29 July 2012 Edition
Labour lets moneylenders charge 210%
Labour and Fine Gael vote down Dáil motion by Sinn Féin to cap loan interest rates
‘If Labour Party TDs have any shred of compassion for those caught in the poverty and debt trap, they have to reject Minister Brian Hayes’s defence of moneylenders and his right-wing diatribe’ – Gerry Adams
MONEYLENDERS who charge sky-high interest rates can carry on regardless thanks to Fine Gael and Labour Party TDs who have voted down a Sinn Féin Bill to cap rates at 40% instead of up to 210%.
Gerry Adams accused Labour of supporting “a moneylenders’ charter . . . state-sponsored robbery”.
A recently-published Irish League of Credit Unions study shows one in ten households are turning to moneylenders to pay household bills.
The Consumer Credit (Amendment) Bill 2012 was introduced by Sinn Féin Finance spokesperson Pearse Doherty TD.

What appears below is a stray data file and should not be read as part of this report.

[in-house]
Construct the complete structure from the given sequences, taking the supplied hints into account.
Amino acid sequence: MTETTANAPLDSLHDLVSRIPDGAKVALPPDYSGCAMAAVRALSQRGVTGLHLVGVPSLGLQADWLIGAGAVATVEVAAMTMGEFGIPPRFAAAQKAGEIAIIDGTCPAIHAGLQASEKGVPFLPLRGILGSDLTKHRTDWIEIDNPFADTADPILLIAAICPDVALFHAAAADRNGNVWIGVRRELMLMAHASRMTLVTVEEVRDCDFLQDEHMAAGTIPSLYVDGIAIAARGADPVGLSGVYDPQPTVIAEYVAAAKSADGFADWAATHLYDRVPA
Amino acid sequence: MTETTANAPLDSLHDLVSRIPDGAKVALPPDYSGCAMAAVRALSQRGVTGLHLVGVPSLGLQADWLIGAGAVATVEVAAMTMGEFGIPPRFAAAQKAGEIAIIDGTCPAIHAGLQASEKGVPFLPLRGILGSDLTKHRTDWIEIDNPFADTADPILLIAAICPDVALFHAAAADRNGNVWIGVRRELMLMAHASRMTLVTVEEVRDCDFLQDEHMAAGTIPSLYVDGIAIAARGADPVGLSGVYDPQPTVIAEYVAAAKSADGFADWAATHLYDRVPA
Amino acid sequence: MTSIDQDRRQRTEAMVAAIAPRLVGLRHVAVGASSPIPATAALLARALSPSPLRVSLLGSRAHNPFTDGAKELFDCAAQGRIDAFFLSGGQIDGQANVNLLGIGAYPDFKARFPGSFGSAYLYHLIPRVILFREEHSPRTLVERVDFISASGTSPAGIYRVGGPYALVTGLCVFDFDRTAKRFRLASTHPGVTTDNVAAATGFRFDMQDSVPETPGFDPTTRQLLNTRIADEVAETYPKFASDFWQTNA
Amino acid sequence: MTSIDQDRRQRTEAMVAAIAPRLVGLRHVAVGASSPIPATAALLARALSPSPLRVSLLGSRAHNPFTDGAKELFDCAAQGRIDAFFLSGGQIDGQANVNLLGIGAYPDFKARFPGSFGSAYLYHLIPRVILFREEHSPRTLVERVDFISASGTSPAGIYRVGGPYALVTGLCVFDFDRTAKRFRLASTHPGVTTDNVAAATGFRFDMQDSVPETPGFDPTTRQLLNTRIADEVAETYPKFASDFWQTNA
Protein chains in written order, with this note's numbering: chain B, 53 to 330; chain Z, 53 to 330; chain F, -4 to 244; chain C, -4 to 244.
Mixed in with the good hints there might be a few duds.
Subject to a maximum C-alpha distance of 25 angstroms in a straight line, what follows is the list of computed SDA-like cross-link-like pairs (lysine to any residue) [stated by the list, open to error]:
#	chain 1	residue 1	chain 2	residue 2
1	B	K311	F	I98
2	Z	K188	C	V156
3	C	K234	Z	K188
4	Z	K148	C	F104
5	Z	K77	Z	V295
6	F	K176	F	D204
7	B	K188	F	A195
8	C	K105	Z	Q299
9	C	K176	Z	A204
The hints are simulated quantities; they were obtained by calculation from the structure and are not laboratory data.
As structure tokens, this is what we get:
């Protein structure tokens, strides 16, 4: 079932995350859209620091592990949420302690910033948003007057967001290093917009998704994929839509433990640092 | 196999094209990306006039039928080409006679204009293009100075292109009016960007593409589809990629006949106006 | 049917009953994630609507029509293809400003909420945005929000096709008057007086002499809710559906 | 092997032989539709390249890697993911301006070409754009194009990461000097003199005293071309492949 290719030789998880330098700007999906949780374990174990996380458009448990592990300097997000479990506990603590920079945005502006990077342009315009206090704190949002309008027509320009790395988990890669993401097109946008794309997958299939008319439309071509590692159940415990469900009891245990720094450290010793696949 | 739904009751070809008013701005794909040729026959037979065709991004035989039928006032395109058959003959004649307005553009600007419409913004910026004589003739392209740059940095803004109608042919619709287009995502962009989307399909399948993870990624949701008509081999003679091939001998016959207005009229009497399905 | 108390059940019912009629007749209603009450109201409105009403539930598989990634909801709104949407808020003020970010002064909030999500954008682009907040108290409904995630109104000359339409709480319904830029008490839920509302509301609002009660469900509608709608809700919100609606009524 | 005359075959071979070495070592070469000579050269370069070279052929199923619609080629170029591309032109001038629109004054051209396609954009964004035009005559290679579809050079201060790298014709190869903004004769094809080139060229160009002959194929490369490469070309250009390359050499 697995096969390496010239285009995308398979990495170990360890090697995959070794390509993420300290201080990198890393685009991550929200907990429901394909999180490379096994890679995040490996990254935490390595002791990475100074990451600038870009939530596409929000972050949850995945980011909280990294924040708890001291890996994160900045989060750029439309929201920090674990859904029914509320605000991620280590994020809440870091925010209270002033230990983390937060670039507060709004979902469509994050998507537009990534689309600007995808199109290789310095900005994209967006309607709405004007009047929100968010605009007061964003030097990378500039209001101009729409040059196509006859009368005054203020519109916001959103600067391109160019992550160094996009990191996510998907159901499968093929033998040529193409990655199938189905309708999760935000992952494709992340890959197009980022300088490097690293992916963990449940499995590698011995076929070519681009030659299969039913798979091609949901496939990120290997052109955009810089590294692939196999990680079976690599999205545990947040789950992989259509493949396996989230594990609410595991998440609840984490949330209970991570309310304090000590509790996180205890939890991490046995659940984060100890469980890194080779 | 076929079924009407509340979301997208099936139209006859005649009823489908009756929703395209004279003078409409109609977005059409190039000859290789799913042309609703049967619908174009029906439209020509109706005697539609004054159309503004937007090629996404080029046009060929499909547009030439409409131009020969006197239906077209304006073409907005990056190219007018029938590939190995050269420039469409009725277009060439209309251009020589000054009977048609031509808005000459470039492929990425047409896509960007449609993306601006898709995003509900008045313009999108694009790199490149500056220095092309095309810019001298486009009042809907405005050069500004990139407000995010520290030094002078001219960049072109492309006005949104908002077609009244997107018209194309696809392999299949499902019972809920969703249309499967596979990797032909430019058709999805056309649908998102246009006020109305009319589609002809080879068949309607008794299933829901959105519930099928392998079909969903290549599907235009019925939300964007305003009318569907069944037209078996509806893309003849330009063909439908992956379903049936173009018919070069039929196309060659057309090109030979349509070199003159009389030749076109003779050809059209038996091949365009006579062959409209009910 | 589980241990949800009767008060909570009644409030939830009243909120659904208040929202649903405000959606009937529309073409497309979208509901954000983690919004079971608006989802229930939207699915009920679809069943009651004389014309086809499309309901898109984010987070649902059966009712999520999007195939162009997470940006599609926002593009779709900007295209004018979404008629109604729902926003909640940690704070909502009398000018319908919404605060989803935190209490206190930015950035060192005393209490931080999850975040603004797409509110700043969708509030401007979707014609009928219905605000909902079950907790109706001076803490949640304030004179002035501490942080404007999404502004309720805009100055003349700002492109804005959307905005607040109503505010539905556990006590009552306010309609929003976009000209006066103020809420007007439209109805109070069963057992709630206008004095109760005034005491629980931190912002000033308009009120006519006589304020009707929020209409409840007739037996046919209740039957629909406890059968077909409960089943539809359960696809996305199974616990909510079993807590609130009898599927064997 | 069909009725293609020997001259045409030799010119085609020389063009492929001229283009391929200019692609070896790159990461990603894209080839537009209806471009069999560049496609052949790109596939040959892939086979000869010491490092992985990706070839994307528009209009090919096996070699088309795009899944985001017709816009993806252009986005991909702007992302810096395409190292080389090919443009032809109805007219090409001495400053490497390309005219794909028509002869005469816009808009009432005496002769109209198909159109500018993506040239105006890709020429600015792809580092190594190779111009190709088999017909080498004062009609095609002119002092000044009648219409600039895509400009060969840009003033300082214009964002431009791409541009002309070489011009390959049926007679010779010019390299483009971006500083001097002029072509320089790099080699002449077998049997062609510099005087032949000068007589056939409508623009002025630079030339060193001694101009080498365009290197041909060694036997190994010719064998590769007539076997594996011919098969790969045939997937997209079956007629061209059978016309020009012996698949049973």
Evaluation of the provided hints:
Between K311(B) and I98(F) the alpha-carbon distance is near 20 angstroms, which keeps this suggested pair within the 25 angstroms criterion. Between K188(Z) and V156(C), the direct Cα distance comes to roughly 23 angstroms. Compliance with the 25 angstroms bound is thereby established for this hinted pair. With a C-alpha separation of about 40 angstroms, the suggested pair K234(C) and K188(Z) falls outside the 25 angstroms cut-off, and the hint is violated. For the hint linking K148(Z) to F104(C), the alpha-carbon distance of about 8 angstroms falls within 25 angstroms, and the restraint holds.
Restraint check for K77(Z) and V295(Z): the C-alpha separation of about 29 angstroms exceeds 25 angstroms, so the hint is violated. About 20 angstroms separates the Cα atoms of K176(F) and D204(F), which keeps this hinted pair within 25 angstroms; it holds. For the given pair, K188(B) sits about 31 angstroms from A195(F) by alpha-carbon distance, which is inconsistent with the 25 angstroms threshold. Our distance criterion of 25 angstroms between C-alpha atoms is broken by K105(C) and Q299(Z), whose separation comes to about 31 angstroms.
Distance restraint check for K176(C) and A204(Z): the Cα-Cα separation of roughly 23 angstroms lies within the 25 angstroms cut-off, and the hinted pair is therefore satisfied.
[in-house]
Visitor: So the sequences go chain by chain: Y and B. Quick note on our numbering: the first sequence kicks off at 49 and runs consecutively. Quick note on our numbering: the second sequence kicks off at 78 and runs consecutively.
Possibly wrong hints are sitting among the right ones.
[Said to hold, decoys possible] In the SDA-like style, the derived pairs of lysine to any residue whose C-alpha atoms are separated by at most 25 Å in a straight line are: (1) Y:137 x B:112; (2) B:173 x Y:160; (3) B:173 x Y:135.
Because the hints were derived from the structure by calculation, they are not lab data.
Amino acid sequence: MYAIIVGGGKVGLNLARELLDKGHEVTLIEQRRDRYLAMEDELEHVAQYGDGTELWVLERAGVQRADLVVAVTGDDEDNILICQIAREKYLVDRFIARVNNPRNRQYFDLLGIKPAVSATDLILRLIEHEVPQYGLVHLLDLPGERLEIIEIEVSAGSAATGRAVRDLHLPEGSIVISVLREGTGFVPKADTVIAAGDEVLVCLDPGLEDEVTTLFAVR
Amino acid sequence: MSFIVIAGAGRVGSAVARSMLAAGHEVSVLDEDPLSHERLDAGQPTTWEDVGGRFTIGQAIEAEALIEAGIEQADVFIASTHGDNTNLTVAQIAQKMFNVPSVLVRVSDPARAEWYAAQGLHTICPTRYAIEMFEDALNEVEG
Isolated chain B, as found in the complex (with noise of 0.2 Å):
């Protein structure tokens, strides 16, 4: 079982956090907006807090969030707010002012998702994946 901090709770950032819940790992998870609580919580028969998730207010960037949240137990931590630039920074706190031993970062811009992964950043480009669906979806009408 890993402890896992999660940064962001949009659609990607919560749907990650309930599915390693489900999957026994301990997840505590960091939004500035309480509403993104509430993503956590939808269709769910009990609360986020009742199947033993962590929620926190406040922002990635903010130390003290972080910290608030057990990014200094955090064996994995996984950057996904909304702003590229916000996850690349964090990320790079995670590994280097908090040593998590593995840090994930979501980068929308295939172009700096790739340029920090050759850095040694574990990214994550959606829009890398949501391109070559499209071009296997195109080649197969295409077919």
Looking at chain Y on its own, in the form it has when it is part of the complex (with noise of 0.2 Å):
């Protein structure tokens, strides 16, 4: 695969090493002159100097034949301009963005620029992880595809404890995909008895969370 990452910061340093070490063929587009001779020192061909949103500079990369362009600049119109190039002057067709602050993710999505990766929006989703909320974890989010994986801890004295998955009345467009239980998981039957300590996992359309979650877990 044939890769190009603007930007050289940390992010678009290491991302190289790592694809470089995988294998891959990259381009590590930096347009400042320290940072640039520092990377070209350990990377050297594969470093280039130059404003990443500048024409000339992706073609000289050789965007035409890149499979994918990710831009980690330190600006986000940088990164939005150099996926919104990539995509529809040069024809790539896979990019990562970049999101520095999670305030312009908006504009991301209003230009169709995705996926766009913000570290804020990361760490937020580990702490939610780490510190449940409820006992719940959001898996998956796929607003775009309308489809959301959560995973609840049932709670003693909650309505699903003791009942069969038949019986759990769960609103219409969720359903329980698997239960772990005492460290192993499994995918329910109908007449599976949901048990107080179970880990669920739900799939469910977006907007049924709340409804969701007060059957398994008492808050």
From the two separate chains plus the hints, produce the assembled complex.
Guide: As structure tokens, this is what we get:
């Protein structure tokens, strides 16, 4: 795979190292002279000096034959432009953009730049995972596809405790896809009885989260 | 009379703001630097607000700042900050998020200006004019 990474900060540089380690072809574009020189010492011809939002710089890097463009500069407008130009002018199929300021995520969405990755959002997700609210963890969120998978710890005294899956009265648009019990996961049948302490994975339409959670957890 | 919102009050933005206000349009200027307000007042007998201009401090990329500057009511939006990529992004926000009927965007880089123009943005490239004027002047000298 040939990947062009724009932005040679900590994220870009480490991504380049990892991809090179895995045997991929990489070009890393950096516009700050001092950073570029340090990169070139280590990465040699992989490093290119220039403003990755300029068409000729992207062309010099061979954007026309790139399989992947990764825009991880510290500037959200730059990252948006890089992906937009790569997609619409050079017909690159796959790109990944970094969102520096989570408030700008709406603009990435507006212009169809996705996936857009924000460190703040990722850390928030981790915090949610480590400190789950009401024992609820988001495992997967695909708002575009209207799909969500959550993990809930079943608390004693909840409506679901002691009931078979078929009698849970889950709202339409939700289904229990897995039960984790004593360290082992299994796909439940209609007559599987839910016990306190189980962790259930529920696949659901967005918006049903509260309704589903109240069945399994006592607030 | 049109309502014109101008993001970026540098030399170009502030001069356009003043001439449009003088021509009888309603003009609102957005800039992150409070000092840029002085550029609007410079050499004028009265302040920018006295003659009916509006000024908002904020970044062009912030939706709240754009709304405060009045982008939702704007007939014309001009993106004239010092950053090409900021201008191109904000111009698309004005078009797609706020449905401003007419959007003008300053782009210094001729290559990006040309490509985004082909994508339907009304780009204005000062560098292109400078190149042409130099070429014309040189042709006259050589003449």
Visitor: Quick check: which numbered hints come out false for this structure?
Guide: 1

He said that over 300,000 people were now in receipt of loans from more than 40 licensed moneylenders which are not subject to any legal ceiling on the rates they could charge.
Pearse said the 210% rate means a €500 loan would cost €186 if repaid within six months or €375 if repaid over a year.
Gerry Adams TD said that of the 46 moneylenders currently operating with licences in the state, 29 of them have APRs of more than 100%; 14 of these charge over 150%.
“People aren’t going to moneylenders to borrow money for drink,” the Louth TD said, “they need money to pay everyday bills.”
Fine Gael Minister Brian Hayes rejected the Sinn Féin move and said moneylenders should be free to charge what they want otherwise they’d be forced out of business, compelling people to go to illegal loan sharks.
Gerry Adams replied that even with Sinn Féin’s cap, moneylending institutions would still make a profit “but would not impoverish citizens in the process”.
“As for the Labour Party TDs,” he added, “if they have any shred of compassion for those caught in the poverty and debt trap, they have to reject the minister’s defence of moneylenders and his right-wing diatribe.”
Sinn Féin Dublin West representative Eoin Ó Broin added:
“There is no moral or economic justification for the absence of a cap on interest rates charged by licensed moneylenders.
“The law must be changed. Unfortunately, it looks like we will have to wait for a change of government before our laws are made in the interests of the people rather than the interests of the banks and moneylenders.”